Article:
PhD Researcher Neil Vallelly compares scenes from The Duchess of Malfi and ’Tis Pity She’s a Whore in preparation for the new season at the Sam Wanamaker Playhouse…
Crown him a poet whom nor Rome nor Greece
Transcend in all theirs for a masterpiece;
In which, whiles words and matter change, and men
Act one another, he, from whose clear pen
They all took life, to memory hath lent
A lasting fame to raise his monument.
These words are John Ford’s, and they appear in the earliest printed edition of John Webster’s The Duchess of Malfi (1623). Ford and Webster were contemporaries, and both collaborated with Dekker and Rowley on a lost play entitled Keep the Widow Waking (1624), and again in Massinger’s revival of Fletcher’s The Fair Maid of the Inn (1626). Almost 400 years later, Webster and Ford are contemporaries once more. Malfi opened the inaugural season at the Sam Wanamaker Playhouse in January 2014, and later this month (23 October), Ford’s ’Tis Pity She’s a Whore opens the second season at the indoor theatre.
The plays have similar motifs of deception, jealousy, sibling relationships, and murder, with ’Tis Pity treading into more controversial waters with its portrayal of incest and mutilation. Yet, it is not so much the generic similarities that interest me with regards to these plays. Rather, it is two cases of inadvertent murder (one from each play) which raise questions about the capacity (and perhaps, incapacity) of creating darkness in the Jacobean indoor playhouses and the Sam Wanamaker Playhouse.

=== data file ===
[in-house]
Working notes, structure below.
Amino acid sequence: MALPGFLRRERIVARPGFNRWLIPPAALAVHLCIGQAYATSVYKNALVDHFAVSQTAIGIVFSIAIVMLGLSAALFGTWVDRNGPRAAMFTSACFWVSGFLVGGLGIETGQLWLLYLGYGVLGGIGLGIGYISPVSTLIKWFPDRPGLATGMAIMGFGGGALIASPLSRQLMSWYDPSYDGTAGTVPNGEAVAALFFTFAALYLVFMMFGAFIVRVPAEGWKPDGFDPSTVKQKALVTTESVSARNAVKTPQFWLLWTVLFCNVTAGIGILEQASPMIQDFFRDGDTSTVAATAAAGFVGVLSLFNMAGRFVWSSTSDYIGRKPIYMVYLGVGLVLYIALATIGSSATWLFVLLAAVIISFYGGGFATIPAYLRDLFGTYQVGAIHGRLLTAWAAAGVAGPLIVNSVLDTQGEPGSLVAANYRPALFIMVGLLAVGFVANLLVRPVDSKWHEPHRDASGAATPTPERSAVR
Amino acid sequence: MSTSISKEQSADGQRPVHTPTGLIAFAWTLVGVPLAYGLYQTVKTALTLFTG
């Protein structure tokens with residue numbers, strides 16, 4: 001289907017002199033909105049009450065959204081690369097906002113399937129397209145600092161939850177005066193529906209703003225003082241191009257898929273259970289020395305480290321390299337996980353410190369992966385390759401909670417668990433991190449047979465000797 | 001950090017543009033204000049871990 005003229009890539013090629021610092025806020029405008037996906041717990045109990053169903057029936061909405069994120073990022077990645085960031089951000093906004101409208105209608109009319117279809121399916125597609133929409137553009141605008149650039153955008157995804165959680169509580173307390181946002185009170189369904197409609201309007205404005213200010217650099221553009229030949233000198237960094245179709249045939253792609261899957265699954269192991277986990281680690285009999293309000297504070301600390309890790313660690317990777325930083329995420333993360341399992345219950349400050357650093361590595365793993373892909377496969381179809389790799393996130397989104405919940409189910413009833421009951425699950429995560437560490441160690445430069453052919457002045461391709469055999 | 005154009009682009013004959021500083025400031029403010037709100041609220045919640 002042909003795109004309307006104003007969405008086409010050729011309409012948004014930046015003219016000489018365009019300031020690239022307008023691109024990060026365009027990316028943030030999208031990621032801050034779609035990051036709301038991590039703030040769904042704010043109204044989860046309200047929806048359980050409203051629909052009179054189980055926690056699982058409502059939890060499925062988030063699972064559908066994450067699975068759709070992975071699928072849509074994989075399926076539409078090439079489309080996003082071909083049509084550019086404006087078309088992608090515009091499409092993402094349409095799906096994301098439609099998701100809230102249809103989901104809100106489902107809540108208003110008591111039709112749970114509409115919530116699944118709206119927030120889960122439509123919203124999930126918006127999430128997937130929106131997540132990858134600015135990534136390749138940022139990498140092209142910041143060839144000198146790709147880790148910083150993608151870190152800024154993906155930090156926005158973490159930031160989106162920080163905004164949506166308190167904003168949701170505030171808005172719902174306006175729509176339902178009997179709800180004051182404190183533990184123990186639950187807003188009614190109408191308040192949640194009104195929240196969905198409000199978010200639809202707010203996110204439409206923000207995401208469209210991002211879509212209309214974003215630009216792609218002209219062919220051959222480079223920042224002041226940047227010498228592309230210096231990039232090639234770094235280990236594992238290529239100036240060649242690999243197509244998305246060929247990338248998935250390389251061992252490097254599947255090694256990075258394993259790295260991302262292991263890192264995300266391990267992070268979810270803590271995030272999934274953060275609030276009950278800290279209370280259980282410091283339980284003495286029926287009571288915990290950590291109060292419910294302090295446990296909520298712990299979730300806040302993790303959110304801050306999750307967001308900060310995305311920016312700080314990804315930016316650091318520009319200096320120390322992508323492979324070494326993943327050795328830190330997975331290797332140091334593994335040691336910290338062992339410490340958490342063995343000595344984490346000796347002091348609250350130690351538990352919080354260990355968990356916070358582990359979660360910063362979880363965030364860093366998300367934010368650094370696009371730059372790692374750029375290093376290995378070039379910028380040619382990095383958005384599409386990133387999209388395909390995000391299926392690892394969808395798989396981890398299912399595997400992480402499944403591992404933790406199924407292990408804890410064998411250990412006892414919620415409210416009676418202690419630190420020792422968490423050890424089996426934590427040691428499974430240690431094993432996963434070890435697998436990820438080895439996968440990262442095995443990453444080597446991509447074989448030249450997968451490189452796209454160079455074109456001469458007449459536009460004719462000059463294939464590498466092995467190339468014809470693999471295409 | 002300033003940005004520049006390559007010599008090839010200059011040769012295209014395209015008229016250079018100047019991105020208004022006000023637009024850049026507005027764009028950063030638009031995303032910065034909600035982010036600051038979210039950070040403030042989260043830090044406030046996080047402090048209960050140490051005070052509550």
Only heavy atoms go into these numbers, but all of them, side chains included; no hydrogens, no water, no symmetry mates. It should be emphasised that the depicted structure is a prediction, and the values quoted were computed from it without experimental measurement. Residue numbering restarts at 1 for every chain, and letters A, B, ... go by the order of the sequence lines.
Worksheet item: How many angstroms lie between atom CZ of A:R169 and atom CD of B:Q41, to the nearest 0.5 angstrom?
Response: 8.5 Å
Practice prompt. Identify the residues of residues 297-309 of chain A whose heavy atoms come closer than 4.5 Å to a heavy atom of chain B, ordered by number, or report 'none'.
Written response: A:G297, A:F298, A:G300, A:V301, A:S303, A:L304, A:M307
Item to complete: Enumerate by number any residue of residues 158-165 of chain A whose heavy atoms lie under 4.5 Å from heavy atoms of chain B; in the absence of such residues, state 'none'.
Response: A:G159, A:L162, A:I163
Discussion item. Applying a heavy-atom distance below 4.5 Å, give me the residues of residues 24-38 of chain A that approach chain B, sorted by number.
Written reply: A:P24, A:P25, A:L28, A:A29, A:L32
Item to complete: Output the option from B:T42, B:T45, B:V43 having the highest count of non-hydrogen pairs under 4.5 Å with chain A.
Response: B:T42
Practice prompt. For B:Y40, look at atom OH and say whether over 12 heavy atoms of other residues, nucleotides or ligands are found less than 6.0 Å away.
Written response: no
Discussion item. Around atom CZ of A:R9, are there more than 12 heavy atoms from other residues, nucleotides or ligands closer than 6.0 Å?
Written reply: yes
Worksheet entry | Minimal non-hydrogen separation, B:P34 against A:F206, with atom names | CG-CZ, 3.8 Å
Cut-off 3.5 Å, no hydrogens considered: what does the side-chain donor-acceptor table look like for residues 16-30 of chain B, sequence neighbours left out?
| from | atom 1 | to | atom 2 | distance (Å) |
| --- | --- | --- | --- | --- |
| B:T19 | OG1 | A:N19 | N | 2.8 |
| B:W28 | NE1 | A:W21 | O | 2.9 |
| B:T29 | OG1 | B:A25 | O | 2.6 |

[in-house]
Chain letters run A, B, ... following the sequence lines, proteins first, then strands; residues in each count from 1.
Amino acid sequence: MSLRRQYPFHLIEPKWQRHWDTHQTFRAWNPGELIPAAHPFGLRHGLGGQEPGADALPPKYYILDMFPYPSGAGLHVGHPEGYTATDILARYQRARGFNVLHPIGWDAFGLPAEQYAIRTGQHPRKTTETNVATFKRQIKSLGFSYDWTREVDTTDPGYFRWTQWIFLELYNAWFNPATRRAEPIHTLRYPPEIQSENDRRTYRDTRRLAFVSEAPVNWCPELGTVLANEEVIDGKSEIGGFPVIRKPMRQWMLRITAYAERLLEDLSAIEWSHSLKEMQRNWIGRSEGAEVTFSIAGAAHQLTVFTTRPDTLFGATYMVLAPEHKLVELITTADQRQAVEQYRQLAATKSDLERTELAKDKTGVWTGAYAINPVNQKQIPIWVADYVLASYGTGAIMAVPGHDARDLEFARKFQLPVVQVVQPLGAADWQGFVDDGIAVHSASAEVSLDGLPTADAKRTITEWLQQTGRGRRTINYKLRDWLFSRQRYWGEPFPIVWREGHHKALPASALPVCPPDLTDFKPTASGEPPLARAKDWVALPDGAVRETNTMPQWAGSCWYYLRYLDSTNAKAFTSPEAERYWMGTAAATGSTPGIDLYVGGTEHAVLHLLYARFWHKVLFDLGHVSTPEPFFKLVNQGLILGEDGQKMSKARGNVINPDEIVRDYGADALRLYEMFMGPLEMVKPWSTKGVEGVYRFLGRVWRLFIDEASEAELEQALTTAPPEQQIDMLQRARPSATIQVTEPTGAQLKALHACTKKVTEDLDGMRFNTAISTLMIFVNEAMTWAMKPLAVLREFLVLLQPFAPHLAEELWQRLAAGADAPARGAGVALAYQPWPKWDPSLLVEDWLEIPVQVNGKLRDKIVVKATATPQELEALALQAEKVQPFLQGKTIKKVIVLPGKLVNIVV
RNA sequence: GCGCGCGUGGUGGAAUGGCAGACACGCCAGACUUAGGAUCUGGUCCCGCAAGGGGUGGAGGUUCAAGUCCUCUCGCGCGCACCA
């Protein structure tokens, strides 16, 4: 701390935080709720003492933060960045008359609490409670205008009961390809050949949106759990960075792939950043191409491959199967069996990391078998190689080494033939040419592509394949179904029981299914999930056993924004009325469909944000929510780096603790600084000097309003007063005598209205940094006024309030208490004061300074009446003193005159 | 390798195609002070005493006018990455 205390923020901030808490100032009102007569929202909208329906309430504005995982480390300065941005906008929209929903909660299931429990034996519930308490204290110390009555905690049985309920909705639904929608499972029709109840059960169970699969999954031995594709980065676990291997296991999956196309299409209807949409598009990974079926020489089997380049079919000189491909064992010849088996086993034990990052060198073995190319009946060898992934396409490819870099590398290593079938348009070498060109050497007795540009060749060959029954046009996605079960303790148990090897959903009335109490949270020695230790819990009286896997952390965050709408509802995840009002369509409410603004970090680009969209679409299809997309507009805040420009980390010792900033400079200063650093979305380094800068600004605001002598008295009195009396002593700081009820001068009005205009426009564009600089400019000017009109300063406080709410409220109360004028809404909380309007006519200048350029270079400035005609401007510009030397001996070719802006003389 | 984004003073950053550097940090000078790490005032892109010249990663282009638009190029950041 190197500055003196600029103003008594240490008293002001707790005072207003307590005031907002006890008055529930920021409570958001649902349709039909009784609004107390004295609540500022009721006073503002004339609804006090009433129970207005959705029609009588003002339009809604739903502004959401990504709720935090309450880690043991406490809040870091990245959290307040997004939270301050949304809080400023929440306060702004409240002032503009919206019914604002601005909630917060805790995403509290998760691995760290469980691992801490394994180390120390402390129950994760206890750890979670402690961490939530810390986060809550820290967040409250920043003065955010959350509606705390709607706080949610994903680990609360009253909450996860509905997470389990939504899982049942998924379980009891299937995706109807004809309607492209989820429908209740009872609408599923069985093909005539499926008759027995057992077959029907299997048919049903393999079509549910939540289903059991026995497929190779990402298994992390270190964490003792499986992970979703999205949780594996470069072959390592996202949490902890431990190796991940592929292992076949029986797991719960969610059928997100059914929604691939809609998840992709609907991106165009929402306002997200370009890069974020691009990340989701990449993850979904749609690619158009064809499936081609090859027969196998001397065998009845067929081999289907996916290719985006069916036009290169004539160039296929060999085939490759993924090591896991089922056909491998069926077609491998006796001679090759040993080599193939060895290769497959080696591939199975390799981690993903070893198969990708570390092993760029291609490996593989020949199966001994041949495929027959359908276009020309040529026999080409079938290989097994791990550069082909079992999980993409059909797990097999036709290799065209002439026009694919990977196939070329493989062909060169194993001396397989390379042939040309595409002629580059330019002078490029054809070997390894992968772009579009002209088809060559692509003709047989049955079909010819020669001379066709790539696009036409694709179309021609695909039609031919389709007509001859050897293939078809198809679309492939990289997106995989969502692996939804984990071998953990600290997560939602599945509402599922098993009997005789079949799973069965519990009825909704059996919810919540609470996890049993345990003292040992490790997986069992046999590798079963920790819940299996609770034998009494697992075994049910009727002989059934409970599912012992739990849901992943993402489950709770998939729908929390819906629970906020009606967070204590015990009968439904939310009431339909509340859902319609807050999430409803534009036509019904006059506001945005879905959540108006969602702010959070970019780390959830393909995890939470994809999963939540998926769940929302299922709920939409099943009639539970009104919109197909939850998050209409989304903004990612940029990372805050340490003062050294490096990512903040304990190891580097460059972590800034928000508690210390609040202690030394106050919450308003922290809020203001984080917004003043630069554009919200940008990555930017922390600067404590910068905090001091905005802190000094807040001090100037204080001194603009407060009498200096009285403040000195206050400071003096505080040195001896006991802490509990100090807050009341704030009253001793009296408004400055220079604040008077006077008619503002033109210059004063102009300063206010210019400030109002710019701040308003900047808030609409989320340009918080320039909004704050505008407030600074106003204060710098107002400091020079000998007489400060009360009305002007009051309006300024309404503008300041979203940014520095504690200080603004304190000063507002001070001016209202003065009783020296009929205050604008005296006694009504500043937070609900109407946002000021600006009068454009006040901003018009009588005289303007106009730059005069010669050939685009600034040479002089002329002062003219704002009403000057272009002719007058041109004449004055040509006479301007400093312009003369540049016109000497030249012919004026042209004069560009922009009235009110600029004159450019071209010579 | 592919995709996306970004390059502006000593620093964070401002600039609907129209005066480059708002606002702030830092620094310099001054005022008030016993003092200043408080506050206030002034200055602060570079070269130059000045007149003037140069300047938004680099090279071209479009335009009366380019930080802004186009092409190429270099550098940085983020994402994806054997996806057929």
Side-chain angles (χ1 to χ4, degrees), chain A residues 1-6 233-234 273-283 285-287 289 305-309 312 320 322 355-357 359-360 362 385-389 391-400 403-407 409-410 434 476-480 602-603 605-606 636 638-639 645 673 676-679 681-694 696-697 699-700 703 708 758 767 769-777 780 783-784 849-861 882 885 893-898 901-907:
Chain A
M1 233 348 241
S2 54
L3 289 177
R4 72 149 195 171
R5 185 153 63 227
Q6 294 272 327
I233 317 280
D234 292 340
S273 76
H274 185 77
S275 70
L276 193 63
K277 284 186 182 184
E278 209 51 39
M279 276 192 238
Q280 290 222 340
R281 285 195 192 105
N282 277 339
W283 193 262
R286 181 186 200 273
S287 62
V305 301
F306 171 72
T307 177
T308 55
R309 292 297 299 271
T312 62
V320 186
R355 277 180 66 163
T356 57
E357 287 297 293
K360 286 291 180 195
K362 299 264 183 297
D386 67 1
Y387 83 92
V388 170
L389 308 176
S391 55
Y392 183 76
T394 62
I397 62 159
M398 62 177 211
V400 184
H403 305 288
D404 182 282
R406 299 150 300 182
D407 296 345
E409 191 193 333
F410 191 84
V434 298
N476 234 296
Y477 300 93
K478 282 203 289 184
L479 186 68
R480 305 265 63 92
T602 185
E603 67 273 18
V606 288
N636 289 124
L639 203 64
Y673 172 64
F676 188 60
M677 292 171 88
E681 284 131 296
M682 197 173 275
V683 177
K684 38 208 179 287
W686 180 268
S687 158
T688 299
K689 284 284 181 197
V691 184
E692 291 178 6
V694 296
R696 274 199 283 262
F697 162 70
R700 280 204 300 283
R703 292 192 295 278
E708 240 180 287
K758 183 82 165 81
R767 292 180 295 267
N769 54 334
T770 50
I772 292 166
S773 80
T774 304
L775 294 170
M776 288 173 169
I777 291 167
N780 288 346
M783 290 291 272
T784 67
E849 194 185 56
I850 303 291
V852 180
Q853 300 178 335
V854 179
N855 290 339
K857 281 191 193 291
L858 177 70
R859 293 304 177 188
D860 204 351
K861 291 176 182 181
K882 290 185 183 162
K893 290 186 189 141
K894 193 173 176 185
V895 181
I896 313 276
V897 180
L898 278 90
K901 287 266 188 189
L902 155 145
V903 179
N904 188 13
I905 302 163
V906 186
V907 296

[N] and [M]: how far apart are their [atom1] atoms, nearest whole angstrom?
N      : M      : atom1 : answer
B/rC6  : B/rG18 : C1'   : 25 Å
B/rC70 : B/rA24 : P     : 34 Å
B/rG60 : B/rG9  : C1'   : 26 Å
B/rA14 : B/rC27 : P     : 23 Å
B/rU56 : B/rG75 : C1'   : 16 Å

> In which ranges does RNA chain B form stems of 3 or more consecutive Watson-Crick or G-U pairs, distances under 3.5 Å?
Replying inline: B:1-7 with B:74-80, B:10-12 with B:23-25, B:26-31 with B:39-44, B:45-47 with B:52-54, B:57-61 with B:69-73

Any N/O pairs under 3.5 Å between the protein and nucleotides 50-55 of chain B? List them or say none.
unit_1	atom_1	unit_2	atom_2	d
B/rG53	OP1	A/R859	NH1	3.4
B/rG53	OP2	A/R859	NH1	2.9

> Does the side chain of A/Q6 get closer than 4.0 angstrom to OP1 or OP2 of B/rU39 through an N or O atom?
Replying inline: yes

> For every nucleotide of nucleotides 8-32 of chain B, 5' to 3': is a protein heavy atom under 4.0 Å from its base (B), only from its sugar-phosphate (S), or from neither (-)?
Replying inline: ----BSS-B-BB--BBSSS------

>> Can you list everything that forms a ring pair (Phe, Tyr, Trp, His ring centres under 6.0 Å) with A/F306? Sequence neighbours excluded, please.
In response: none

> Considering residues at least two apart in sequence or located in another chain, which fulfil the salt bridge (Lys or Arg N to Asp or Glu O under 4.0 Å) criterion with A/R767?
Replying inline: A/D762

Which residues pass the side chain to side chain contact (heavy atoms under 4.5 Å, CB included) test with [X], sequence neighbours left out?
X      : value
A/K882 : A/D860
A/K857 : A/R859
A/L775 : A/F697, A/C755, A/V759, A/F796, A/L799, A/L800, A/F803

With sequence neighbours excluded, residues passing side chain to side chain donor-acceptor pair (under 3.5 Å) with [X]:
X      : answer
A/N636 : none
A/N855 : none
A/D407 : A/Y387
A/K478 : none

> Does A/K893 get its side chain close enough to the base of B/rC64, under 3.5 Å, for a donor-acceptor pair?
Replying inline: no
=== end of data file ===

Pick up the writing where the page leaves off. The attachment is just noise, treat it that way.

In the penultimate scene of The Duchess of Malfi (5.4), the fictional space is obviously dark, as the Cardinal makes several references to nighttime, and Bosola manages to sneak onstage without being seen. Moreover, after Antonio enters, his servant tells him: “Here stay, sir, and be confident, I pray. / I’ll fetch you a dark lantern” (41-42). Bosola mistakes Antonio’s entrance for the re-entrance of the Cardinal and fatally stabs him: “Fall right, my sword! [stabs Antonio] / I’ll not give thee so much leisure as to pray” (44-45). When Antonio exclaims in pain, Bosola tentatively asks: “What art thou?” (47)—potentially realising his mistake. Yet, it is only when the servant re-enters with a lantern and moves towards Antonio’s cries that Bosola is fully aware that he has killed Antonio: “Smother thy pity; thou art dead else. Antonio? / The man I would have saved ‘bove mine own life? (51-52).
Alex Waldmann as Antonio, Sean Gilder as Bosola in The Duchess of Malfi
2014 © Mark Douet